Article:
• Circumvention was not needed for social sharing. Google’s circumvention was not necessary to make the +1 button clickable. (For the geeks in the audience: Google could have trivially routed clicks through The circumvention was only needed1 to personalize ads—for example, to show friends’ pictures near the +1 button, or in future to target ads based on Google+ social networking data.
  • Users likely did not understand their social advertising setting. New users are by default opted into social advertising on signup.

    Social Advertising Default on Account Signup

    My understanding is that users with accounts predating the +1 button have social advertising disabled, but are eventually prompted about the setting with “Enable” selected by default. Disabling the feature requires going to Accounts → Google+, locating the buried “+1 on non-Google sites” setting, then toggling it to “Disable”. Google’s description of the feature does not clearly communicate that it allows Google to identify the user on non-Google websites. The description also does not indicate that the feature would override a browser privacy setting.

    Social Advertising Opt-Out Location

    Social Advertising Opt-Out Page

  • Google’s circumvention only affected Google services. It did not allow other advertising companies to track the user.

Finally, I’d like to note a couple questions that remain open for Google.

  • Users impacted. Our measurement data suggests a great number of Safari users may have been affected by Google’s circumvention. Google has not yet indicated how many users were impacted.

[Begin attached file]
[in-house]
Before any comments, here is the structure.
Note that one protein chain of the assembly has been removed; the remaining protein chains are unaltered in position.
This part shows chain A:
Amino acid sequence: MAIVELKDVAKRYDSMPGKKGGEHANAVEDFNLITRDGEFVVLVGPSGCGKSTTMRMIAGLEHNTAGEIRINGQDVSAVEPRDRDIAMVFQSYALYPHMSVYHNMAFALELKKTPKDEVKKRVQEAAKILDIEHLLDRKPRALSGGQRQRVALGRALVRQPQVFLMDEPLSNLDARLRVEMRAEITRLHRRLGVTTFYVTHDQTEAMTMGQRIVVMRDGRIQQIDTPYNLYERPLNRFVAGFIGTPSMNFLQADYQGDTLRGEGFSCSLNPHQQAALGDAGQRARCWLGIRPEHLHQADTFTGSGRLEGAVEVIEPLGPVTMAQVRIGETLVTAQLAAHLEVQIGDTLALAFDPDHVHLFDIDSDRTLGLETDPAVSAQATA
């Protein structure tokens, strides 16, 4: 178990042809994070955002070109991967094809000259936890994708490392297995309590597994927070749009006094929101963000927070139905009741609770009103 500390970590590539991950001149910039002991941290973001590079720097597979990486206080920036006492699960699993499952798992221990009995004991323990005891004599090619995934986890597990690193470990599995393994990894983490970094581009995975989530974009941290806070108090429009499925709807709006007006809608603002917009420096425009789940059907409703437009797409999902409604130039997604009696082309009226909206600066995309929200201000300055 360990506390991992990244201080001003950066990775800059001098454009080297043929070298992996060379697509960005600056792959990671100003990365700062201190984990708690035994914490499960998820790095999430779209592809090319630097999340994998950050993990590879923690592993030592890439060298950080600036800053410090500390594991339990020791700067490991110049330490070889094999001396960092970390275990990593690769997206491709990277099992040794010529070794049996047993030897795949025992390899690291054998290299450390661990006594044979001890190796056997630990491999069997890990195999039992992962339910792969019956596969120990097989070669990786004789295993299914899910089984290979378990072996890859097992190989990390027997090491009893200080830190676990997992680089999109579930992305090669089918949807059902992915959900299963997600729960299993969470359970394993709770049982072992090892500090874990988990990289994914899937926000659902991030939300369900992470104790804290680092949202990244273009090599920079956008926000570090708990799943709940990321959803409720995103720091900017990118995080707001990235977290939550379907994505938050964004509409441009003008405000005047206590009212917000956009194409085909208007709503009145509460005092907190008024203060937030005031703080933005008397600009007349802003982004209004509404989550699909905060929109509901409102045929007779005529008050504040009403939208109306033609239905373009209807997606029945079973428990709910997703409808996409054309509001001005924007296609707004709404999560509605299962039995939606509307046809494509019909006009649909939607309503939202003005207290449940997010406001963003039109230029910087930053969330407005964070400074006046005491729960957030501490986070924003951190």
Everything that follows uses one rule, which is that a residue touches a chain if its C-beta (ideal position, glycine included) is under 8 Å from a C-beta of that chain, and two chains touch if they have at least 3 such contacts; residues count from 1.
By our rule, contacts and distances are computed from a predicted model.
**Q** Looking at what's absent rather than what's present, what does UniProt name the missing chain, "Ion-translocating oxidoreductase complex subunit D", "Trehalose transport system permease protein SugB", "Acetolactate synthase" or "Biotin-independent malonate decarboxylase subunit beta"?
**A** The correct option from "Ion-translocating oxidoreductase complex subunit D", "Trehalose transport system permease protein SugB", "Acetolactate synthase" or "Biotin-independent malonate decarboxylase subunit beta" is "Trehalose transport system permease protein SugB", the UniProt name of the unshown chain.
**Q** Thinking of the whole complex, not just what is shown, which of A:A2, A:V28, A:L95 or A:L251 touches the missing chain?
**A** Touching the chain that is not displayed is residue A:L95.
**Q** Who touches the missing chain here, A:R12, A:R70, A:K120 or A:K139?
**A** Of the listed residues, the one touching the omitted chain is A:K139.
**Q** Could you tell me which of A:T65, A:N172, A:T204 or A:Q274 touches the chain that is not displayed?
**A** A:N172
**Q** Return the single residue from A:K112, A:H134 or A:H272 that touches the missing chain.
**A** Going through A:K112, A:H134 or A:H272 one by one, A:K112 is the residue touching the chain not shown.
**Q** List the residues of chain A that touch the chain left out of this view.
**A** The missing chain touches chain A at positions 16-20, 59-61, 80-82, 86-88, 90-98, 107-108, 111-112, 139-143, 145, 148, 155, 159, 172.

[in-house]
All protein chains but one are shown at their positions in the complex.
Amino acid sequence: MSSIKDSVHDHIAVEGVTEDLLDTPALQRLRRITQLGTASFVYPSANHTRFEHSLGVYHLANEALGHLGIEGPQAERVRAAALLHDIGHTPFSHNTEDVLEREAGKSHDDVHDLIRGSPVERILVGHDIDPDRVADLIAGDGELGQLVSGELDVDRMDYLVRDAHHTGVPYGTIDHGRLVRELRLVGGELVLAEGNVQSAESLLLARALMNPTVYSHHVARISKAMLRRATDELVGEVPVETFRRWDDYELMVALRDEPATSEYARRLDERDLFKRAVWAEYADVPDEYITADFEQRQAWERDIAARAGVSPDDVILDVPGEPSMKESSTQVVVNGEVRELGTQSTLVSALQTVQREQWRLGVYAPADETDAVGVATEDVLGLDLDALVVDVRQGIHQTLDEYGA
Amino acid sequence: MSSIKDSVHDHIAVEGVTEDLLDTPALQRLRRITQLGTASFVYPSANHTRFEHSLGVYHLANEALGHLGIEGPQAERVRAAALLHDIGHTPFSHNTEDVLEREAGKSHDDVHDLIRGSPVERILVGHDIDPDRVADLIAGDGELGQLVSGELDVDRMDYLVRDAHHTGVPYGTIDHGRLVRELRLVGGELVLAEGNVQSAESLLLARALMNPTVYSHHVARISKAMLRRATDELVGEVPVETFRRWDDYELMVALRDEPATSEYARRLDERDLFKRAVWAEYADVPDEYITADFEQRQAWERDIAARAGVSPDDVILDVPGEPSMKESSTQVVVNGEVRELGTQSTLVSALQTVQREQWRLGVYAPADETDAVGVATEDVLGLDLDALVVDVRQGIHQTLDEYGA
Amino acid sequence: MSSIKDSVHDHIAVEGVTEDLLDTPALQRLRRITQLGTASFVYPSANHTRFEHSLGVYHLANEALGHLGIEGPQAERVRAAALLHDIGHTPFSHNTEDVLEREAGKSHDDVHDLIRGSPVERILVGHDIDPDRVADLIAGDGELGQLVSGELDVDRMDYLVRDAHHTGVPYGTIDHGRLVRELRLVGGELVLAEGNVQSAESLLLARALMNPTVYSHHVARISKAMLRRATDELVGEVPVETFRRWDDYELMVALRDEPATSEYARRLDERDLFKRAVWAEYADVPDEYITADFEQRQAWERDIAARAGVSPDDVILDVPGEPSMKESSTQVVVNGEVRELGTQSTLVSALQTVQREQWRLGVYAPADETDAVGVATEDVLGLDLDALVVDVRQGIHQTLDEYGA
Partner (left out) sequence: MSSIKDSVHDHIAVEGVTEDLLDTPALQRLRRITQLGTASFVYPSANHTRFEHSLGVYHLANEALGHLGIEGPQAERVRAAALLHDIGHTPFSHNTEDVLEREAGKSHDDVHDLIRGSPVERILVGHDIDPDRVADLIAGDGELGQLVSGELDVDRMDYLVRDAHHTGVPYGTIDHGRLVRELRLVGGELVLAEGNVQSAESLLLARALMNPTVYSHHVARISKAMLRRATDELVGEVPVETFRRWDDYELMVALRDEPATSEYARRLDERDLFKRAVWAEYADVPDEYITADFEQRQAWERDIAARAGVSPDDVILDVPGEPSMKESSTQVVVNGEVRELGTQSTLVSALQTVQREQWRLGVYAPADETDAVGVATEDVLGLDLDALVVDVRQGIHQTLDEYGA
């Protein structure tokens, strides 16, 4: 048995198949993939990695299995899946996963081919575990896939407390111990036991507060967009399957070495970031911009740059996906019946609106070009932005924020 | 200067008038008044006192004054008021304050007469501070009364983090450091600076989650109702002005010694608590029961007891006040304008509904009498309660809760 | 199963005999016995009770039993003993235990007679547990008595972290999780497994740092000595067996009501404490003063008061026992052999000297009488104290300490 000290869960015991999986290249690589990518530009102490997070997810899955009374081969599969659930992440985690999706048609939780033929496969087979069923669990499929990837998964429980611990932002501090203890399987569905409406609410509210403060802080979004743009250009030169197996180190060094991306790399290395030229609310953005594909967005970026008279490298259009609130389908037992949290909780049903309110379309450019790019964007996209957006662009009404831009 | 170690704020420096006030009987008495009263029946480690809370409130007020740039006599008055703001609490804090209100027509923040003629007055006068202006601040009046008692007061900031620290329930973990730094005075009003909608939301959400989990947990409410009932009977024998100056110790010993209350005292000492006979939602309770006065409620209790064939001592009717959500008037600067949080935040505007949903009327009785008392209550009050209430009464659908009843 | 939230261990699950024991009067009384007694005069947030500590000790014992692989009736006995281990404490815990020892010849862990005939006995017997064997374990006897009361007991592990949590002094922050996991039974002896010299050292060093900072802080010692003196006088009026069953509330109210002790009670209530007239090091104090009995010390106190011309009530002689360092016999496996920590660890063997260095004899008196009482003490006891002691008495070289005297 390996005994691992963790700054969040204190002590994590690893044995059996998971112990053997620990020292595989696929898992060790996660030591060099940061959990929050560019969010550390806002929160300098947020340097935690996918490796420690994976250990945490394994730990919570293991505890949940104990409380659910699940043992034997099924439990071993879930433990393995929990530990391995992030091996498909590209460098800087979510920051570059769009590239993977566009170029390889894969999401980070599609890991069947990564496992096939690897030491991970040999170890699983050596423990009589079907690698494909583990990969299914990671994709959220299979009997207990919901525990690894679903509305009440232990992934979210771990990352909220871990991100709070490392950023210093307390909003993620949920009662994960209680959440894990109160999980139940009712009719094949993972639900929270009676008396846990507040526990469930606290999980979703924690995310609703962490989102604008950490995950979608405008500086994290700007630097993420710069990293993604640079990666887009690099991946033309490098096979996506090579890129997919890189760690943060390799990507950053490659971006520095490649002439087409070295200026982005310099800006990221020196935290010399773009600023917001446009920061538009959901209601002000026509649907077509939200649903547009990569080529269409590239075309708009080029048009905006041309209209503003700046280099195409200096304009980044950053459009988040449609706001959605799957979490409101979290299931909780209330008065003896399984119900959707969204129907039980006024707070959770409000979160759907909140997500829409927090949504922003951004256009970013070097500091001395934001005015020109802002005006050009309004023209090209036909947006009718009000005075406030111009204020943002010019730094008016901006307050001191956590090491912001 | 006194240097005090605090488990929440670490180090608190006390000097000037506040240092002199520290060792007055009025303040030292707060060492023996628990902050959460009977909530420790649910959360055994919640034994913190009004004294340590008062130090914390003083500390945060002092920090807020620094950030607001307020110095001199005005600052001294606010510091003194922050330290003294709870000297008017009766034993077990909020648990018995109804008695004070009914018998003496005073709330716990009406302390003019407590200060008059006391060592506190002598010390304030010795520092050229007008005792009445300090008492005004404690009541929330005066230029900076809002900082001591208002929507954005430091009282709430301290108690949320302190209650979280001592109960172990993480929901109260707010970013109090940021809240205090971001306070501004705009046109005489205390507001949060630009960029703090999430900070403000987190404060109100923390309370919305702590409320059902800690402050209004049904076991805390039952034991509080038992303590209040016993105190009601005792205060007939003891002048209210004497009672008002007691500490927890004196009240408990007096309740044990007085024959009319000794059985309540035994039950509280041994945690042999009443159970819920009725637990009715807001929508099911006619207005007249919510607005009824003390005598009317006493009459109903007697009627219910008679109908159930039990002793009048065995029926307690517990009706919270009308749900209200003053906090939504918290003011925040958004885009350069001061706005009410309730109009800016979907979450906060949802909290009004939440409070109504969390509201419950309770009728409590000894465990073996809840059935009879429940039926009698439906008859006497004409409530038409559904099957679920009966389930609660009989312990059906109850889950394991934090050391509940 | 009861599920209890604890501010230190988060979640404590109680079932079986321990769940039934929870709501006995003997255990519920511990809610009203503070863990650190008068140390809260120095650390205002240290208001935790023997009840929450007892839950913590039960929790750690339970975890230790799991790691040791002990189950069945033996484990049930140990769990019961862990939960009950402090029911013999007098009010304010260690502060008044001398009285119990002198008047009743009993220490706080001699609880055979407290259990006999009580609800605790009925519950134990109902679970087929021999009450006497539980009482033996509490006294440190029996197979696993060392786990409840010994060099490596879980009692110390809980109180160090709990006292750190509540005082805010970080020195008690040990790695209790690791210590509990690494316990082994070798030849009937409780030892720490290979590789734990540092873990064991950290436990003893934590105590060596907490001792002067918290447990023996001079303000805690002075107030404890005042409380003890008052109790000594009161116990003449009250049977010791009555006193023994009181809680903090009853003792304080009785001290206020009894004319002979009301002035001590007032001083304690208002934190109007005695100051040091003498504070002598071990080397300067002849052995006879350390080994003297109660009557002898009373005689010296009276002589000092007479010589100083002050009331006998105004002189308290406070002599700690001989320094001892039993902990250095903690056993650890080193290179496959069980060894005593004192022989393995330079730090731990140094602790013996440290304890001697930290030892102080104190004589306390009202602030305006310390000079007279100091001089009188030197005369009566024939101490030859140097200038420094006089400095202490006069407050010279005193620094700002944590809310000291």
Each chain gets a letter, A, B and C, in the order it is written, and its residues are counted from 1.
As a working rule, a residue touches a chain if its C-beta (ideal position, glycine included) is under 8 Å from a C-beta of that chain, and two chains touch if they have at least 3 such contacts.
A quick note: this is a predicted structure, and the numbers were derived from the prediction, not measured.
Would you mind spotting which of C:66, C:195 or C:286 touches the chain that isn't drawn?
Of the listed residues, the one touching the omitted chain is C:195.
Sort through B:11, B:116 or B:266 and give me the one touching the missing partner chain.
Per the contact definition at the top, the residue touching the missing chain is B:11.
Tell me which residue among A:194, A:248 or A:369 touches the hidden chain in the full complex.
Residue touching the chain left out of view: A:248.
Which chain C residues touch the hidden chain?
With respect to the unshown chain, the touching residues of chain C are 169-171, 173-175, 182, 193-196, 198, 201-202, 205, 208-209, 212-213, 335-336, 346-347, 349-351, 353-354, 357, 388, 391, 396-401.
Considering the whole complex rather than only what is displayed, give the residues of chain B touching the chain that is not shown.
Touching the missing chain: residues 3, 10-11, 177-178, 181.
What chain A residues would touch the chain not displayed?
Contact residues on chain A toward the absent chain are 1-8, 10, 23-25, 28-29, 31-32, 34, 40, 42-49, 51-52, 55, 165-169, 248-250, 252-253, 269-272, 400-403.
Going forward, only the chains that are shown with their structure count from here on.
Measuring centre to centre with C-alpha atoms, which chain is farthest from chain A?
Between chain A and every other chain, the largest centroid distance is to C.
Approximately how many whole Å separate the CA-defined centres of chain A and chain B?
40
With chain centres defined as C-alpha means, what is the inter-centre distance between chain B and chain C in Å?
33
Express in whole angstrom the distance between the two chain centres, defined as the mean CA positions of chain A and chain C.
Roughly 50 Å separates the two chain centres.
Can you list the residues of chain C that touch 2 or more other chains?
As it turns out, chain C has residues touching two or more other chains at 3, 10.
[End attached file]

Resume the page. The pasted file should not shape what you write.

• Profit. Google held an advantage over its advertising competitors that did not track Safari browsers. That advantage may have resulted in profit. Google has not yet publicized an estimate of its income from tracking Safari browsers.

Google circulated the following statement to media outlets and policymakers on Friday. The company did not post the statement on its website, and my understanding is that Google representatives declined to answer questions about the statement.

The Journal mischaracterizes what happened and why. We used known Safari functionality to provide features that signed-in Google users had enabled. It’s important to stress that these advertising cookies do not collect personal information.

Unlike other major browsers, Apple’s Safari browser blocks third-party cookies by default. However, Safari enables many web features for its users that rely on third parties and third-party cookies, such as “Like” buttons. Last year, we began using this functionality to enable features for signed-in Google users on Safari who had opted to see personalized ads and other content–such as the ability to “+1” things that interest them.

To enable these features, we created a temporary communication link between Safari browsers and Google’s servers, so that we could ascertain whether Safari users were also signed into Google, and had opted for this type of personalization. But we designed this so that the information passing between the user’s Safari browser and Google’s servers was anonymous–effectively creating a barrier between their personal information and the web content they browse.

However, the Safari browser contained functionality that then enabled other Google advertising cookies to be set on the browser. We didn’t anticipate that this would happen, and we have now started removing these advertising cookies from Safari browsers. It’s important to stress that, just as on other browsers, these advertising cookies do not collect personal information.

Users of Internet Explorer, Firefox and Chrome were not affected. Nor were users of any browser (including Safari) who have opted out of our interest-based advertising program using Google’s Ads Preferences Manager.

Thanks to Arvind Narayanan, Ashkan Soltani, Lee Tien, and ★★★★★ for valuable input.

1. This discussion presumes Google would host its social advertising from instead of If Google hosted social advertising from there would have been no need to circumvent Safari’s cookie blocking.